While official pricing is yet to be revealed, an LG spokesperson told us that the M3 will be positioned between the new G3 and Z3.

LG says the new wireless TV will be available by the second half of 2023. We'll be getting it into our test labs for a full review just as soon as possible. Until then, check out our LG M3 hands-on.

LG M3 specs:

  • Sizes: 77-inch, 83-inch, 97-inch
  • Display type: OLED Evo w/ MLA (77-inch model only)
  • Resolution: 4K
  • Processor: Alpha 9 Gen 6
  • Sound: TBC
  • HDMI 2.1: Yes (x3)
  • Gaming features: 4K 120Hz, VRR, ALLM

LG M3 launch pricing:

  • LG OLED77M3: £TBC / $TBC / AU$TBC
  • LG OLED83M3: £TBC / $TBC / AU$TBC
  • LG OLED97M3: £TBC / $TBC / AU$TBC



(Image credit: Future)

Since 2021, LG's G-series models have sat above the C-series not only thanks to their so-called Gallery design, which gives the TVs the look of smart picture frames, but also thanks to their extra brightness.

LG has in fact widened this brightness gap for 2023, with the new G3 getting an extra new panel feature that the C3 does without. As described above, this new panel feature is called Micro Lens Array, which is essentially a layer of tiny lenses that better focus the light being emitted by the OLEDs so that more of it reaches the eye. Like the G2, the G3 also benefits from a heatsink that allows it to be driven brighter than TVs from the C-series and below.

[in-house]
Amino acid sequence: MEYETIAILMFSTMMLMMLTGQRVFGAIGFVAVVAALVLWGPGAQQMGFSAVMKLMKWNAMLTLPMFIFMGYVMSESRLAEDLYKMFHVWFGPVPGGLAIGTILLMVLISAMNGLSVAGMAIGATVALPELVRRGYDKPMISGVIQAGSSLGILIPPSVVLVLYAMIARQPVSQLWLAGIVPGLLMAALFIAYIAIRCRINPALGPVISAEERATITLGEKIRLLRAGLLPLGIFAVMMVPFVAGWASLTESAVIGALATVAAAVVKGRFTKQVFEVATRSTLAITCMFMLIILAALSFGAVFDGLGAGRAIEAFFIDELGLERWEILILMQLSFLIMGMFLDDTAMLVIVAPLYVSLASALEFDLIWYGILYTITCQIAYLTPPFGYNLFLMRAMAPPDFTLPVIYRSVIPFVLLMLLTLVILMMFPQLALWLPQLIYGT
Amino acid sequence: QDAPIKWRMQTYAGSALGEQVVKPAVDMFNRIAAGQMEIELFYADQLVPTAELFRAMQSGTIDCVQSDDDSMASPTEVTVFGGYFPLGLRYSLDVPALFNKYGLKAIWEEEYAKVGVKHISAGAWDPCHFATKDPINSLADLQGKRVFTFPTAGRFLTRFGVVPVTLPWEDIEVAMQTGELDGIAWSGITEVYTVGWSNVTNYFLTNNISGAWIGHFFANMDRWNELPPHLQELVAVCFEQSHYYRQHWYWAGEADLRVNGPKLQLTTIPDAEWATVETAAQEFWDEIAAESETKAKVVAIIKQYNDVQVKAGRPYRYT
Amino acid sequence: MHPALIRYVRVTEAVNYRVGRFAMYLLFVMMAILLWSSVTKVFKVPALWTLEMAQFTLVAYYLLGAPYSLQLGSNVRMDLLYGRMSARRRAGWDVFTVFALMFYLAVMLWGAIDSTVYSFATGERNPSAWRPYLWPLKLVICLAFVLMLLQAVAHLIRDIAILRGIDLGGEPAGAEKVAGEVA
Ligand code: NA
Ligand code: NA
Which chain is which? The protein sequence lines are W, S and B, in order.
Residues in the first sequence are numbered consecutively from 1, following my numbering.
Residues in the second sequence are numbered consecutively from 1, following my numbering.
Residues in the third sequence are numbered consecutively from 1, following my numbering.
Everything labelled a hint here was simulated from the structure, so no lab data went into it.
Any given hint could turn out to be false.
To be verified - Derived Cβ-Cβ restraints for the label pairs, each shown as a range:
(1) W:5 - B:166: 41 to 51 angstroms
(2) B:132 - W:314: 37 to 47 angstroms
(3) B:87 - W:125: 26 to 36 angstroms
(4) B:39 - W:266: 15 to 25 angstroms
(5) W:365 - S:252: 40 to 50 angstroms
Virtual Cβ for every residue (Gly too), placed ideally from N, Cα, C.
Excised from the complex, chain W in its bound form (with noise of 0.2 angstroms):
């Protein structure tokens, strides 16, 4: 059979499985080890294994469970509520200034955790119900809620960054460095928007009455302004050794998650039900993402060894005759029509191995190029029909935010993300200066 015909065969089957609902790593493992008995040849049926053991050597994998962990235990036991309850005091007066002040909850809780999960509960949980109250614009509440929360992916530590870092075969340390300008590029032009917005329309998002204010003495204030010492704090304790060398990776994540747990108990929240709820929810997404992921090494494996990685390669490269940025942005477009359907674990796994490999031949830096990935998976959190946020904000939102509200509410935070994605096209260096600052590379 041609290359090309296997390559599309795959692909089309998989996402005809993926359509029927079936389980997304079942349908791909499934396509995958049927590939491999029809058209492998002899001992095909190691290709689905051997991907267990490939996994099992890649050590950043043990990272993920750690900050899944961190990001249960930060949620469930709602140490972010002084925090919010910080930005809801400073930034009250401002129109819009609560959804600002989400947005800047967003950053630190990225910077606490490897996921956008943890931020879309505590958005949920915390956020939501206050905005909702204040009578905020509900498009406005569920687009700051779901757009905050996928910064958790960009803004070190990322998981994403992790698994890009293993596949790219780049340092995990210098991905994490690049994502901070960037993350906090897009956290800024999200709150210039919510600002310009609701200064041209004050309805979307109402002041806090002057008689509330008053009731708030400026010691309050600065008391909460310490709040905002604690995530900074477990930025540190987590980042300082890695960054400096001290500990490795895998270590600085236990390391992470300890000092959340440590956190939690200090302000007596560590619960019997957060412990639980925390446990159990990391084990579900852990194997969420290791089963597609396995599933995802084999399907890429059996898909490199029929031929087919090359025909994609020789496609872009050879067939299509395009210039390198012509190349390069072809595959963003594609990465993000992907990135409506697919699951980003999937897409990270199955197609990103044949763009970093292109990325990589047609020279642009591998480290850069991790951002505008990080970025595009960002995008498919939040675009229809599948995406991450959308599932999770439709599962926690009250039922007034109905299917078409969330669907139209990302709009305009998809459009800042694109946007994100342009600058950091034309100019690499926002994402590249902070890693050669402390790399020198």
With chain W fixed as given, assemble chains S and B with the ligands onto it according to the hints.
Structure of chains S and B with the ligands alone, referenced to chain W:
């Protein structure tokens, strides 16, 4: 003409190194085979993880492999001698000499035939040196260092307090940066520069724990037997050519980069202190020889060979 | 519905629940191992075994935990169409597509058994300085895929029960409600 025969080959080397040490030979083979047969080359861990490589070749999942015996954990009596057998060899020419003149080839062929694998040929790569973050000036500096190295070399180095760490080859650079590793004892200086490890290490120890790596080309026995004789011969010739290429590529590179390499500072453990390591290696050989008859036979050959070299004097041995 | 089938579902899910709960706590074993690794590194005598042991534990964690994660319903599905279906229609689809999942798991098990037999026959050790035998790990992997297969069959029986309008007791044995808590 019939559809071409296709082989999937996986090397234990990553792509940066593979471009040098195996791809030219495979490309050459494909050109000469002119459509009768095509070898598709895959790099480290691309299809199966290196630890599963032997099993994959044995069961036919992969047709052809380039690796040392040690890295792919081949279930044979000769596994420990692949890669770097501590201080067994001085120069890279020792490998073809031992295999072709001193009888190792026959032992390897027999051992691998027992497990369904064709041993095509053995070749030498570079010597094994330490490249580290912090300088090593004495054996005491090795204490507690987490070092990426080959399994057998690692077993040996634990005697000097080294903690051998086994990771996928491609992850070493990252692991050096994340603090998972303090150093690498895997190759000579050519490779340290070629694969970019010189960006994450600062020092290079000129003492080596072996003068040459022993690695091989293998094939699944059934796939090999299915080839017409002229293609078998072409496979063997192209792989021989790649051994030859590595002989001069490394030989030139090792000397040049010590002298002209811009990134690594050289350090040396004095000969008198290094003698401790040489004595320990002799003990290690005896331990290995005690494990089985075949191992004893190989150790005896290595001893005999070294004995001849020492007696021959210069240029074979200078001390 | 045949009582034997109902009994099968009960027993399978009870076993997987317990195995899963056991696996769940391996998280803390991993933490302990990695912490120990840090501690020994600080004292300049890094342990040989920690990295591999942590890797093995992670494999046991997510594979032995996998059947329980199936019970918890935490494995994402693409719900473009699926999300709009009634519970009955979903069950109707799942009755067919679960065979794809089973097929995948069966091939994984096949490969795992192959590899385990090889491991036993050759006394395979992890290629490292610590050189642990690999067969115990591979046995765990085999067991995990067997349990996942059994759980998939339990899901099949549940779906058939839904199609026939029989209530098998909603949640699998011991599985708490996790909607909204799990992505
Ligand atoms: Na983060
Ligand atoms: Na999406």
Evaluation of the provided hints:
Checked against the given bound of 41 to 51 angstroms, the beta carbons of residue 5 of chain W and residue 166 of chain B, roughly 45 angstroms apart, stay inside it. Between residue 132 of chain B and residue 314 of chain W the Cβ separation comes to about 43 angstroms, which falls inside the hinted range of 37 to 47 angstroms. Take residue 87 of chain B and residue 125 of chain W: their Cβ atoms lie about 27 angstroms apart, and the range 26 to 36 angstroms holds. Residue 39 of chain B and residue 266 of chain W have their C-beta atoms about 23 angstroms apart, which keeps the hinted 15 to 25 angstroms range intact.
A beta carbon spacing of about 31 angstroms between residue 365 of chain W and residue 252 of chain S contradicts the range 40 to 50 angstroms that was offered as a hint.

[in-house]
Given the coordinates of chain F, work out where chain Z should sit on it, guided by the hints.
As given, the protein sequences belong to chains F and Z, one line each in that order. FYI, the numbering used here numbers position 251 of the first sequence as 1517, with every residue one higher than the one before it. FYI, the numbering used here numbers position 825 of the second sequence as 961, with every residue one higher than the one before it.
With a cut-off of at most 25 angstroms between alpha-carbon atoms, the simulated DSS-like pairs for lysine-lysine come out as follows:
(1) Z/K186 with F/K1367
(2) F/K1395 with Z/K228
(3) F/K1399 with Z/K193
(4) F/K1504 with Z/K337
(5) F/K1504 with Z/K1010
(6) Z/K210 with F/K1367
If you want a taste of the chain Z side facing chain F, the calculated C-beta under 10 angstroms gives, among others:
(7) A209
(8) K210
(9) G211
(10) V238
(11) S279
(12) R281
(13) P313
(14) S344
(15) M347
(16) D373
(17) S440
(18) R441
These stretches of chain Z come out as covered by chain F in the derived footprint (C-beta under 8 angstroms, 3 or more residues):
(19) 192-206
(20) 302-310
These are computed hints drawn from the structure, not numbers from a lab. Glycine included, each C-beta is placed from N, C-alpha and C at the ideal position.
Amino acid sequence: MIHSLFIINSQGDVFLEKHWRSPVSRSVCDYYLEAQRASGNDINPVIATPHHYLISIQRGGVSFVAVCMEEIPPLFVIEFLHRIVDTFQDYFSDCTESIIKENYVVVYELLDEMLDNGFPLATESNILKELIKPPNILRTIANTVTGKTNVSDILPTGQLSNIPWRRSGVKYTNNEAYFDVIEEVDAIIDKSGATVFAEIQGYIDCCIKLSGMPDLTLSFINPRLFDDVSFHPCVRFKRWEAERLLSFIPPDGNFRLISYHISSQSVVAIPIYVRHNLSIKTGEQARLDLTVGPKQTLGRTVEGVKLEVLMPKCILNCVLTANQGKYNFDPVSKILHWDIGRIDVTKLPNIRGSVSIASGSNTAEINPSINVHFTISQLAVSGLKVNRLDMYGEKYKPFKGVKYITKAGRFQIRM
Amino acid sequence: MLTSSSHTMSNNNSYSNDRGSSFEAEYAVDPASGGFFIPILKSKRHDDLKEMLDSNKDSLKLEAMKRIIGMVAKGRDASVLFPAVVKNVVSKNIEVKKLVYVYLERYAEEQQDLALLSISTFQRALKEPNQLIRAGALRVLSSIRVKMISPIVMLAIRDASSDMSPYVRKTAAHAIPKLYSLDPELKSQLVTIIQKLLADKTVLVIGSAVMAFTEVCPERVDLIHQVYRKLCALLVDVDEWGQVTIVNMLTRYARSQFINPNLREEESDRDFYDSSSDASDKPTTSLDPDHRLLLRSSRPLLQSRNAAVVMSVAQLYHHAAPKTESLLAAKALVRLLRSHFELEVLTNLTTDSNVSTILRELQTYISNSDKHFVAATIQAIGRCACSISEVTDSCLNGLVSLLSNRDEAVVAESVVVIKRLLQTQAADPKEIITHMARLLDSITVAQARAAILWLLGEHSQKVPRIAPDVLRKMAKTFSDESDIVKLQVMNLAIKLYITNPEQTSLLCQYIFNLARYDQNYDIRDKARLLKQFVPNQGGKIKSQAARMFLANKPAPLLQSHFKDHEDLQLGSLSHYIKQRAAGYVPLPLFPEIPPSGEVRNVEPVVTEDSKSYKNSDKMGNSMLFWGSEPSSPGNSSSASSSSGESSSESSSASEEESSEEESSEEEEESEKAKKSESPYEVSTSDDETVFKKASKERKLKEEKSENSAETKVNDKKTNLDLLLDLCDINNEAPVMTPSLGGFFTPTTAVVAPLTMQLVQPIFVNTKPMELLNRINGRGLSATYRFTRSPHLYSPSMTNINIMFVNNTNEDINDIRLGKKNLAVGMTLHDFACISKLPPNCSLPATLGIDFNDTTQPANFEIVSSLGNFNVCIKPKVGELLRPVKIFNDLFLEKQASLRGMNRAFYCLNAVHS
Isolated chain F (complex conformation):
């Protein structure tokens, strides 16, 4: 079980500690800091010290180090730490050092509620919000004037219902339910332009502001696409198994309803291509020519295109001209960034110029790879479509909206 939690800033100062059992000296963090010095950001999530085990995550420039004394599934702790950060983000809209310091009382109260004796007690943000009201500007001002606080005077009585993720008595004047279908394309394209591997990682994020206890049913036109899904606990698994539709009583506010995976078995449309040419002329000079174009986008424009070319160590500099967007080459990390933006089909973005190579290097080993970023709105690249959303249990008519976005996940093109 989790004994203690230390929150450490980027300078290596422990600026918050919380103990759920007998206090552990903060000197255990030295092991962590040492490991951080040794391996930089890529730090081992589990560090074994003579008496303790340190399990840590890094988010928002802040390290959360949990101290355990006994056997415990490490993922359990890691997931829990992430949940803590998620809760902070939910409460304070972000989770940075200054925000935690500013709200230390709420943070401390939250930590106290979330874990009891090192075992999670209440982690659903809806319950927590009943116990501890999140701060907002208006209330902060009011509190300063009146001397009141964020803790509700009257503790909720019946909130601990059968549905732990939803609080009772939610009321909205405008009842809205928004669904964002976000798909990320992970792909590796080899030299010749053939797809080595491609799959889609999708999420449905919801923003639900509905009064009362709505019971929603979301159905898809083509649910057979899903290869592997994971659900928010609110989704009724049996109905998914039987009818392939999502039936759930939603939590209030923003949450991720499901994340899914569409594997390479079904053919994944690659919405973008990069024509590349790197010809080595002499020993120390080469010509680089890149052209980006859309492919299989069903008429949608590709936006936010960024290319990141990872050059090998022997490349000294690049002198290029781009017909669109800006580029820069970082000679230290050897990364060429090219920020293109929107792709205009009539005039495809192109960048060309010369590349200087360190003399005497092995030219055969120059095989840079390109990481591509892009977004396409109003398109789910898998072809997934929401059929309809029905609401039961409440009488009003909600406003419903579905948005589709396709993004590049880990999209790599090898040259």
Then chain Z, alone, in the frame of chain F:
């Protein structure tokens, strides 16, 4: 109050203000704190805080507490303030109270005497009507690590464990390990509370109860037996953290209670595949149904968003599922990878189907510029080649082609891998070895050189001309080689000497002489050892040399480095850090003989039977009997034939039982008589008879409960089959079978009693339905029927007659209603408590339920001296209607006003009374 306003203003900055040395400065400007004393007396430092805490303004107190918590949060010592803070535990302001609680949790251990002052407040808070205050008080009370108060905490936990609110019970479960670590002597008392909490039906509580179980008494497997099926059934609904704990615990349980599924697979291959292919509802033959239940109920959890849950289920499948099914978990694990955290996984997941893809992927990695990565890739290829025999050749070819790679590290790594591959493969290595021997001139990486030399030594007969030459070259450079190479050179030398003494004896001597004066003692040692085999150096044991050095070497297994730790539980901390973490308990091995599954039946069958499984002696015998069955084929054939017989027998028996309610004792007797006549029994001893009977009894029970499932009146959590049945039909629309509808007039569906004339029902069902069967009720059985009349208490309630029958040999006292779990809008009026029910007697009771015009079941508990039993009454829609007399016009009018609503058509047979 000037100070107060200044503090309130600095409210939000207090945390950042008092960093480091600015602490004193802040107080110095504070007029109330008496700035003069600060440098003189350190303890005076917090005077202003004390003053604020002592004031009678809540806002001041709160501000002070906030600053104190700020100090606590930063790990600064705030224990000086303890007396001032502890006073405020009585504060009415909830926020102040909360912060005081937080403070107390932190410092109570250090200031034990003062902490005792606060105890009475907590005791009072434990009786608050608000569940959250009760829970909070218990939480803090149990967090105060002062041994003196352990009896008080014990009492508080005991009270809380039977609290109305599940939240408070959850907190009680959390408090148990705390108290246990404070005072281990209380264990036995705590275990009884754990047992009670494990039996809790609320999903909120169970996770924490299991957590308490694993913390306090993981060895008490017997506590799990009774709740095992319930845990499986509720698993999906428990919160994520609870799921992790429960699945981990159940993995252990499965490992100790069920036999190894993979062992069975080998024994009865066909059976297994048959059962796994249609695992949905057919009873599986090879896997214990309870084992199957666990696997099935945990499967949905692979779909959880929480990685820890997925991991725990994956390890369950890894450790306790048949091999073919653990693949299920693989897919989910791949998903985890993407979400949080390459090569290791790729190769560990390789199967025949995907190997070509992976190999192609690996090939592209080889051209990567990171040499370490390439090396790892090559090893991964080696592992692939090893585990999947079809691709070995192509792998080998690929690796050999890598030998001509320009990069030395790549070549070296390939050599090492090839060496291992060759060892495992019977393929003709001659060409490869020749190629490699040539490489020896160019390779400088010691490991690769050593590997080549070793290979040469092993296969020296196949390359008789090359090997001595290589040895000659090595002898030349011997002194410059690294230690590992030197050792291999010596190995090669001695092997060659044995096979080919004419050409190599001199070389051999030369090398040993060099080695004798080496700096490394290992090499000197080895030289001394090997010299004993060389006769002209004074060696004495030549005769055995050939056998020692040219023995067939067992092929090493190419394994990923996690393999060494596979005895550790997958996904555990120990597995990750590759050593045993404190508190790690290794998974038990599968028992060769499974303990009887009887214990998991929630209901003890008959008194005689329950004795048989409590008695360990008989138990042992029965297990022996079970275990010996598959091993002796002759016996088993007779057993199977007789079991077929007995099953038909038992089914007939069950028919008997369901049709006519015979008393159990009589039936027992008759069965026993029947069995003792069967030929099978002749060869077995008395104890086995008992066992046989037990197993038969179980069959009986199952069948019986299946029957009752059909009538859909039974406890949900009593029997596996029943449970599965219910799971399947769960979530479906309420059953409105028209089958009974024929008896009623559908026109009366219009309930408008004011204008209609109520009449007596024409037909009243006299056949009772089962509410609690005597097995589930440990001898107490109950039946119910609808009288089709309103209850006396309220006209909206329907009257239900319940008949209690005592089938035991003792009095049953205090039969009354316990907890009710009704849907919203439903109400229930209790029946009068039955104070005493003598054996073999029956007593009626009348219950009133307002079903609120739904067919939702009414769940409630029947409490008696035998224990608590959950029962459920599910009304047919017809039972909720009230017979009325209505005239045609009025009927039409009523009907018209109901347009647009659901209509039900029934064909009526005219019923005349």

It is worth noting, though, that only the 55-, 65- and 77-inch versions of the G3 benefit from the new, brightness-boosting MLA tech, and that the 83- and 97-inch models will be roughly as bright as other standard OLED Evo models such as the C3.

Having now tested the G3, we can confirm that it's superb. That extra brightness is clear with real-world HDR content, which isn't just brighter but also has more vibrant colours. All told, that equates to a significantly more dynamic and more impactful performance. It's not quite the perfect TV, though, so do check out our exhaustive LG G3 review.

LG G3 specs:

  • Sizes: 55-inch, 65-inch, 77-inch, 83-inch, 97-inch